Myocardial Infarction… Heart attack. The death of an area of heart muscle.
Plasma… The liquid portion of blood that contains the clotting factors.
Plasminogen… A substance naturally produced by the body that helps break down blood clots.
Platelets… Small particles in the blood that control bleeding; they form clusters to plug small holes in blood vessels and assist in the clotting process.
Polycythemia… The presence of too many red blood cells, which, if severe, may predispose a patient to DVT.
Post-Thrombotic Syndrome (PTS)/Post-Phlebitic Syndrome… Complication of deep vein thrombosis (DVT). Signs and symptoms of PTS range from leg pain and/or heaviness with occasional swelling to extreme chronic pain, persistent swelling and skin color and texture changes. The extreme, most severe symptoms associated with PTS are the development of chronic leg ulcers or open wounds that are difficult to heal.
Protein C Deficiency… Protein C deficiency is an uncommon clotting disorder: approximately 1 per 700 people has inherited protein C deficiency. Since we all have two genes for every protein (one from mother and one from father), people can have two normal genes (healthy), one mutated protein C gene (heterozygous), or two mutated genes (homozygous). Individuals with protein C deficiency are typically heterozygous. Homozygous individuals have such a severe clotting problem, that they typically die immediately after birth because of clotting everywhere; this is termed Purpura fulminans.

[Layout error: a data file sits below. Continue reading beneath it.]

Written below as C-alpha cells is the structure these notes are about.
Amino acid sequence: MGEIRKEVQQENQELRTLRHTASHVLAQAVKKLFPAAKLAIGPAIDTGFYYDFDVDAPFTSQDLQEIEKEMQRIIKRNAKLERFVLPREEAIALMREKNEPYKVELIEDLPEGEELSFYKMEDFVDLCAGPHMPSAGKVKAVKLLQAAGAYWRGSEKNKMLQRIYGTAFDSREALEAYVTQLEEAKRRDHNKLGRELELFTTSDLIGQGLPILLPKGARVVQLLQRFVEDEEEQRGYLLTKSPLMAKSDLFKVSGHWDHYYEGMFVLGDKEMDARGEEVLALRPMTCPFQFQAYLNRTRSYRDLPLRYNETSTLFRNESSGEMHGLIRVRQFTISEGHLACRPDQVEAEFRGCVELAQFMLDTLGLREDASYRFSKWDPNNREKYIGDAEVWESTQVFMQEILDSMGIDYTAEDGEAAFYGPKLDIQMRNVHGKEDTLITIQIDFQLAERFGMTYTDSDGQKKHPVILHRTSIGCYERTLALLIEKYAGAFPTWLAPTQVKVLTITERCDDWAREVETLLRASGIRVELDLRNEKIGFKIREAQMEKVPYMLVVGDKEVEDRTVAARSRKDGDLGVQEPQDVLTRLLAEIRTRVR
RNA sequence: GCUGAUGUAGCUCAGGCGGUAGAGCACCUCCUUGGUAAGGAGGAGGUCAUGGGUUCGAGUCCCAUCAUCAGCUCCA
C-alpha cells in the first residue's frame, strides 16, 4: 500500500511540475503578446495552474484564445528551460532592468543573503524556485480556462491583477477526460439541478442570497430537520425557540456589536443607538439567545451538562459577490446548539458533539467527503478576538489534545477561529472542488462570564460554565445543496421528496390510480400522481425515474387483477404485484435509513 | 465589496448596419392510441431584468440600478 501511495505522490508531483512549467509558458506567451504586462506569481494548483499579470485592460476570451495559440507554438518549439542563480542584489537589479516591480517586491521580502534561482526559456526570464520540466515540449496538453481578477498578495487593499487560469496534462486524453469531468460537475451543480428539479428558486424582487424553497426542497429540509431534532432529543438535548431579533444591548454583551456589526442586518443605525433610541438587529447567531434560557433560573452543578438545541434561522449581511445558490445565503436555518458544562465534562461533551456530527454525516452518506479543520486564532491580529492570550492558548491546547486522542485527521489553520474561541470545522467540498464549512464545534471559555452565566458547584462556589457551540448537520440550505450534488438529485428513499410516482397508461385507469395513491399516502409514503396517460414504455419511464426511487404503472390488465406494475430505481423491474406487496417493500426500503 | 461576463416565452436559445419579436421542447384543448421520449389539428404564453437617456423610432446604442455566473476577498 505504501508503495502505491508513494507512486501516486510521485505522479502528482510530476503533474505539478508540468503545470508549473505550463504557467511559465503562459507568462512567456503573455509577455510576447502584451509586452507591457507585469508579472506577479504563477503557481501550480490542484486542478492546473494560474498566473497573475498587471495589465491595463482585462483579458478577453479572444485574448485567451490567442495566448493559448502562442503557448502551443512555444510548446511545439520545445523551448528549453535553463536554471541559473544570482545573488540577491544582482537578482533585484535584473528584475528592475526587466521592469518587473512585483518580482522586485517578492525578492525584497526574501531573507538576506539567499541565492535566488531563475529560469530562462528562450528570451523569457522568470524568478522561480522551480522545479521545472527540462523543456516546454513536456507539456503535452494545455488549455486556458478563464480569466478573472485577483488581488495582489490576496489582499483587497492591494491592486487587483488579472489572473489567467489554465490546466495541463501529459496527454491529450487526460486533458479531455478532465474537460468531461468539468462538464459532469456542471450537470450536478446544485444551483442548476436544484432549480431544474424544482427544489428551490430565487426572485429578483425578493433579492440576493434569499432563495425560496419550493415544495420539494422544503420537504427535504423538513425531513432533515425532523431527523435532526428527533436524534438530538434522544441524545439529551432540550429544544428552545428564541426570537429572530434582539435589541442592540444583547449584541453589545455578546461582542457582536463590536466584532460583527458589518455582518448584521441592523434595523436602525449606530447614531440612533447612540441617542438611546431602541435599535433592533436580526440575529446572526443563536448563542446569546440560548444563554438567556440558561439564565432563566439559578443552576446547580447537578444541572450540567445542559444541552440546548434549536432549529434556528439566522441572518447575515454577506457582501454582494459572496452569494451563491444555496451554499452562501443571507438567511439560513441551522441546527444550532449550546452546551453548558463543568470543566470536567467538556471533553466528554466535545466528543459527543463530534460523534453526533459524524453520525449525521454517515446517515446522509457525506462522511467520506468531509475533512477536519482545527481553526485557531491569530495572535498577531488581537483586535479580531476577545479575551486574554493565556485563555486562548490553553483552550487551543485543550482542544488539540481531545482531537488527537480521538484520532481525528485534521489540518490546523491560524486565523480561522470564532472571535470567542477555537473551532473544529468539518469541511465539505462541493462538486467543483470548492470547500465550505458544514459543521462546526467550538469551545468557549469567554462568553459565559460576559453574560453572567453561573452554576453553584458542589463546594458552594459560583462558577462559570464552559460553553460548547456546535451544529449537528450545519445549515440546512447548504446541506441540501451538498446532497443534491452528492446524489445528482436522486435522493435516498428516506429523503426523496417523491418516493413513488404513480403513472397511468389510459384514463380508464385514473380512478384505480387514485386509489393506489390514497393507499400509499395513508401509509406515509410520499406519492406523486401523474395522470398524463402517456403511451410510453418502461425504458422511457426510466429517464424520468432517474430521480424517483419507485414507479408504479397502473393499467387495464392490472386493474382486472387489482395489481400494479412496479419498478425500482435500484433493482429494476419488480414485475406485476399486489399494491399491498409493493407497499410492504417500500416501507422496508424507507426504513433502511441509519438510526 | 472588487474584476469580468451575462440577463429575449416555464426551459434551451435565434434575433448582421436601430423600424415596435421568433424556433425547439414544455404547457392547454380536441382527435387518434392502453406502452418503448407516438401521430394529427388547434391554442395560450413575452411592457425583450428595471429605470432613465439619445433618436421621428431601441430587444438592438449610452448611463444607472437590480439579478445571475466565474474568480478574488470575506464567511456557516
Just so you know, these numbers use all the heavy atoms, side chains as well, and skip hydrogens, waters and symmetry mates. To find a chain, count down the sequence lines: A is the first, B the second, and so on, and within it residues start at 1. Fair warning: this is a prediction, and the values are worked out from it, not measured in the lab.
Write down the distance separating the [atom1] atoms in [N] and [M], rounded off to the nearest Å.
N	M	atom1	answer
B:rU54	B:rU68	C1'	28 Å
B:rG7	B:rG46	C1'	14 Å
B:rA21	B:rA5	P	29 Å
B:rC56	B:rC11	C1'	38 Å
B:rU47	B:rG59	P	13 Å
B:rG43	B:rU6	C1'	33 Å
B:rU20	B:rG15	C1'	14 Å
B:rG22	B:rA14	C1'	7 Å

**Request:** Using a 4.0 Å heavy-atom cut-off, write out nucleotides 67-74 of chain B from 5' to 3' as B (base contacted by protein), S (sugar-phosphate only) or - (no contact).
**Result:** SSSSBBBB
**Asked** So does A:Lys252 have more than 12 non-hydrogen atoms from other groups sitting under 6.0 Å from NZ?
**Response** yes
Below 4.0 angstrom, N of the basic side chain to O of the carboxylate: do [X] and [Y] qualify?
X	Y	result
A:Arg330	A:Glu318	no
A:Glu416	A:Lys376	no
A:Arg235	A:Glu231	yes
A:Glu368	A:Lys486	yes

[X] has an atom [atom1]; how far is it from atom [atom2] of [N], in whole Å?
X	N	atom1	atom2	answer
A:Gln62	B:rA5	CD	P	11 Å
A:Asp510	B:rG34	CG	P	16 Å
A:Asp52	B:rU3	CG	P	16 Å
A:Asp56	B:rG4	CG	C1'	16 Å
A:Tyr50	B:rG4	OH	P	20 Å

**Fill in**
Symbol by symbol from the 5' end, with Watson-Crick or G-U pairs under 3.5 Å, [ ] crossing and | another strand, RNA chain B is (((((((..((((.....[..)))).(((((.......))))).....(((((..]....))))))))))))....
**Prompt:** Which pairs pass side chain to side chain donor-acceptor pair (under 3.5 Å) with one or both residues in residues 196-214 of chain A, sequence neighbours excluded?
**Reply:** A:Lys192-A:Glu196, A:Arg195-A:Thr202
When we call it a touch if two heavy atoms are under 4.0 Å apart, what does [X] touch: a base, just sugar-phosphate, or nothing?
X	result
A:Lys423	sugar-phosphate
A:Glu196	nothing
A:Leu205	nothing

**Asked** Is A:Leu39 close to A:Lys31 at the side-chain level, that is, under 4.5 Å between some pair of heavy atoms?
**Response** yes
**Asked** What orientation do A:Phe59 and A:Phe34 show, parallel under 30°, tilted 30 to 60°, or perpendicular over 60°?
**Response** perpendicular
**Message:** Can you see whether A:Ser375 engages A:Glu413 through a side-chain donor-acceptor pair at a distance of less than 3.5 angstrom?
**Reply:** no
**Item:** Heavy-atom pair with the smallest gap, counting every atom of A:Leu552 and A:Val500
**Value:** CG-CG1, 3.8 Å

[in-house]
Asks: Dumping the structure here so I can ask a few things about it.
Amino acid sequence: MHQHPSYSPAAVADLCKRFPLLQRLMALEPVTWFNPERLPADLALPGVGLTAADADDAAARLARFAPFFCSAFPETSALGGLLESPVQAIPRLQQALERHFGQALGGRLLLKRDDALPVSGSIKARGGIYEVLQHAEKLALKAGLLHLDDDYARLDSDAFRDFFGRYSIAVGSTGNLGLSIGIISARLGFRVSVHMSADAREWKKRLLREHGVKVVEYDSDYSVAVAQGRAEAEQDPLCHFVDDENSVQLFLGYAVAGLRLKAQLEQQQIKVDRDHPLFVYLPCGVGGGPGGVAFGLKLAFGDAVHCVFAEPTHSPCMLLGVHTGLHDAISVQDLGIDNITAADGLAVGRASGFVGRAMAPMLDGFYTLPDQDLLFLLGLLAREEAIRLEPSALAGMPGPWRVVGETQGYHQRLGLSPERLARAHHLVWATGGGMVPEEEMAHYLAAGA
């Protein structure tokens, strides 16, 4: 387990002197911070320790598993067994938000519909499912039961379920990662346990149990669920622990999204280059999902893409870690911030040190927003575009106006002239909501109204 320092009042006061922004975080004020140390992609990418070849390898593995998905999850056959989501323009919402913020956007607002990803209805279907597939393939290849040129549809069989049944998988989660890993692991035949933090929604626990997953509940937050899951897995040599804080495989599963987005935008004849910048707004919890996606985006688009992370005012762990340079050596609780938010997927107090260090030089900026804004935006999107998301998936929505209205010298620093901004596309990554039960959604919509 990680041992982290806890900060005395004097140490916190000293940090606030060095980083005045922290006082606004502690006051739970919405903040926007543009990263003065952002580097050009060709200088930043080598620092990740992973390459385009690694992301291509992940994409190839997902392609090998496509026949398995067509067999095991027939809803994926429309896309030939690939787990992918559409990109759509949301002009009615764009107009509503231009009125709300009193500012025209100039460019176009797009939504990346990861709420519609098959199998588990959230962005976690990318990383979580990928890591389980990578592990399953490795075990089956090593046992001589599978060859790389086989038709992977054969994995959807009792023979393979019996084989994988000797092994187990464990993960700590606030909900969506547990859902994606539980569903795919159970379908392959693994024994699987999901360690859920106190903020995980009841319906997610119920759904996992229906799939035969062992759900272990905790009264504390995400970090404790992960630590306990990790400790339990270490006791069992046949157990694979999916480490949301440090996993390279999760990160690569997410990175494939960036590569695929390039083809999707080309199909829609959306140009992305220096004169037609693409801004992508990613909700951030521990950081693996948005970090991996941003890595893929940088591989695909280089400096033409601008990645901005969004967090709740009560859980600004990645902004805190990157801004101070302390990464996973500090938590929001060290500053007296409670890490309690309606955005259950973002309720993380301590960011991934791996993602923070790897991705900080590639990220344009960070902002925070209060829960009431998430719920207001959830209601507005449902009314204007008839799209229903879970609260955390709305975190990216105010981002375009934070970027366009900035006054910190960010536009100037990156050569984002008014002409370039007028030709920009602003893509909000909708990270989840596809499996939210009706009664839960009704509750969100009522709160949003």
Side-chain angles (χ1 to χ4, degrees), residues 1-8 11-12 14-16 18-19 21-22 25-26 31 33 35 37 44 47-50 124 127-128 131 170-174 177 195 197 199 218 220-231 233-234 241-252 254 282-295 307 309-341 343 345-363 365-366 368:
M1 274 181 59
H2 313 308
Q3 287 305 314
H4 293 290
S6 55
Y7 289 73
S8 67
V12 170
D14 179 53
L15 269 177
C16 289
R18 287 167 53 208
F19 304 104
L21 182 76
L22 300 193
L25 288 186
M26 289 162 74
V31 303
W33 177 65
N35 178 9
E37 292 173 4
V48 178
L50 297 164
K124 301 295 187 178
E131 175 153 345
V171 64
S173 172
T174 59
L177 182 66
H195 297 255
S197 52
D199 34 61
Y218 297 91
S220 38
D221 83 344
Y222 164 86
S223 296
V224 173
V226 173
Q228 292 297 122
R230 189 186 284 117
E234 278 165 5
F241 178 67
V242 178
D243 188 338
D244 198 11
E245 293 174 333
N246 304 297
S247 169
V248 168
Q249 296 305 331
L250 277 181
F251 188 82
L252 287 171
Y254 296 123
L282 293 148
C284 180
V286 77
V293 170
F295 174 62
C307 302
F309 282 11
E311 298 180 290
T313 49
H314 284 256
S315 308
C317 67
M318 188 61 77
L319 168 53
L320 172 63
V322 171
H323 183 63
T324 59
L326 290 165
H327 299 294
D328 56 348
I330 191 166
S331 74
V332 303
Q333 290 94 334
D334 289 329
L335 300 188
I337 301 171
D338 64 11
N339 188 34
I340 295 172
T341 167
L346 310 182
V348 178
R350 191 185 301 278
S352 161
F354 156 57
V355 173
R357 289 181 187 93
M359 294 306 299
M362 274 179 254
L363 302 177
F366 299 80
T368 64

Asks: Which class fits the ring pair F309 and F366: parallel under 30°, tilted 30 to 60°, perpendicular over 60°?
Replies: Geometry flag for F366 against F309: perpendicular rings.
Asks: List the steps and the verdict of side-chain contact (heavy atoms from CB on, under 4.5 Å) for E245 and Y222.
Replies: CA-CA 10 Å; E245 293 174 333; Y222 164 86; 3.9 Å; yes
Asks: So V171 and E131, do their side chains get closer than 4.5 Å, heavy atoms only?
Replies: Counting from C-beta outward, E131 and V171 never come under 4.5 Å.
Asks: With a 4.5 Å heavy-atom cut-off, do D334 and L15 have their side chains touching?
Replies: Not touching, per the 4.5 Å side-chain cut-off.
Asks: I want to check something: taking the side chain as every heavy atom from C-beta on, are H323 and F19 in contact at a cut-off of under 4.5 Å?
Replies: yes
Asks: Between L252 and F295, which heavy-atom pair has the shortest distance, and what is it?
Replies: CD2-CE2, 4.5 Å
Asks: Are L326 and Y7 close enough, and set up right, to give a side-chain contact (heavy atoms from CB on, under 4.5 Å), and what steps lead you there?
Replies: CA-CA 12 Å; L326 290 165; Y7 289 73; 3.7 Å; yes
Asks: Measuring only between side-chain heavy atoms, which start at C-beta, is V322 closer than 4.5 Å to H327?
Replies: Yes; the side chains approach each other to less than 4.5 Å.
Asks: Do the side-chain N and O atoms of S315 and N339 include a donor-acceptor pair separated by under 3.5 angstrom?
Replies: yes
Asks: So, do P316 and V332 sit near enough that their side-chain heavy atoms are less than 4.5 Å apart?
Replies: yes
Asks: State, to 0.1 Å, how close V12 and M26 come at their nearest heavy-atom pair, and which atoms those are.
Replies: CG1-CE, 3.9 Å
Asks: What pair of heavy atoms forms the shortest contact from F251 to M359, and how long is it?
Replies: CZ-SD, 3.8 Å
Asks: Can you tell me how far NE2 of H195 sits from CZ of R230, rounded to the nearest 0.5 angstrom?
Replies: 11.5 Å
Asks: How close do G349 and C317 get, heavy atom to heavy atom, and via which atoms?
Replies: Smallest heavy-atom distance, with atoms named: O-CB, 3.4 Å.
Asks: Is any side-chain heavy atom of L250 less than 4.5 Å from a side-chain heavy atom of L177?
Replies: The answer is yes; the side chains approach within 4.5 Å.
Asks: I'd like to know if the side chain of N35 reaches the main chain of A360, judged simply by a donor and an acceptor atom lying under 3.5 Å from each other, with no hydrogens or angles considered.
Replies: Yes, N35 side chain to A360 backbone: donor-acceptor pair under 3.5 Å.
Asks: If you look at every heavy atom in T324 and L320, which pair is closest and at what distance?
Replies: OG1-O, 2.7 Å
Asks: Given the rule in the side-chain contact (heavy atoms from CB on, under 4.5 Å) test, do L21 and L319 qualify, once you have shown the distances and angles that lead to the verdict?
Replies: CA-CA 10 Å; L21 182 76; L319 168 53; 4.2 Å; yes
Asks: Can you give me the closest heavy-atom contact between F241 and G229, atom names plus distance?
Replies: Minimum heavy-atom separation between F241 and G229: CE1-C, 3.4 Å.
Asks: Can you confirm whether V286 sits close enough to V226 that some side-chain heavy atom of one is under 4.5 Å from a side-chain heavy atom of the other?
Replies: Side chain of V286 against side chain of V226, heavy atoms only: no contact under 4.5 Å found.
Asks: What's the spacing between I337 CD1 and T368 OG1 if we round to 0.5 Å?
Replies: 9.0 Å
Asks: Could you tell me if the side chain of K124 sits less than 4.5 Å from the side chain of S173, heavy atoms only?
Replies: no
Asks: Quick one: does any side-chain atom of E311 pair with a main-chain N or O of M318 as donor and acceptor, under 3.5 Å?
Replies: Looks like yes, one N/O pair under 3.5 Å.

Protein C deficiency can be caused by more than 100 different mutations in the protein C gene. This makes genetic testing for the defect very difficult, time-consuming, and expensive; it is therefore not done in routine clinical practice. A few academic institutions with a special interest in protein C deficiency perform genetic testing for research purposes. In some people protein C deficiency is due to acquired (non-inherited) causes, and may be temporary.
Protein S Deficiency… Protein S deficiency is an uncommon clotting disorder: approximately 1 per 500 to 1 per 3,000 people has inherited protein S deficiency. Since we all have two genes for every protein (one from mother and one from father), people can have two normal genes (healthy), one mutated protein S gene (heterozygous), or two mutated genes (homozygous). Individuals with protein S deficiency are typically heterozygous. Homozygous individuals have such a severe clotting problem, that they typically die immediately after birth because of clotting everywhere; this is termed Purpura fulminans.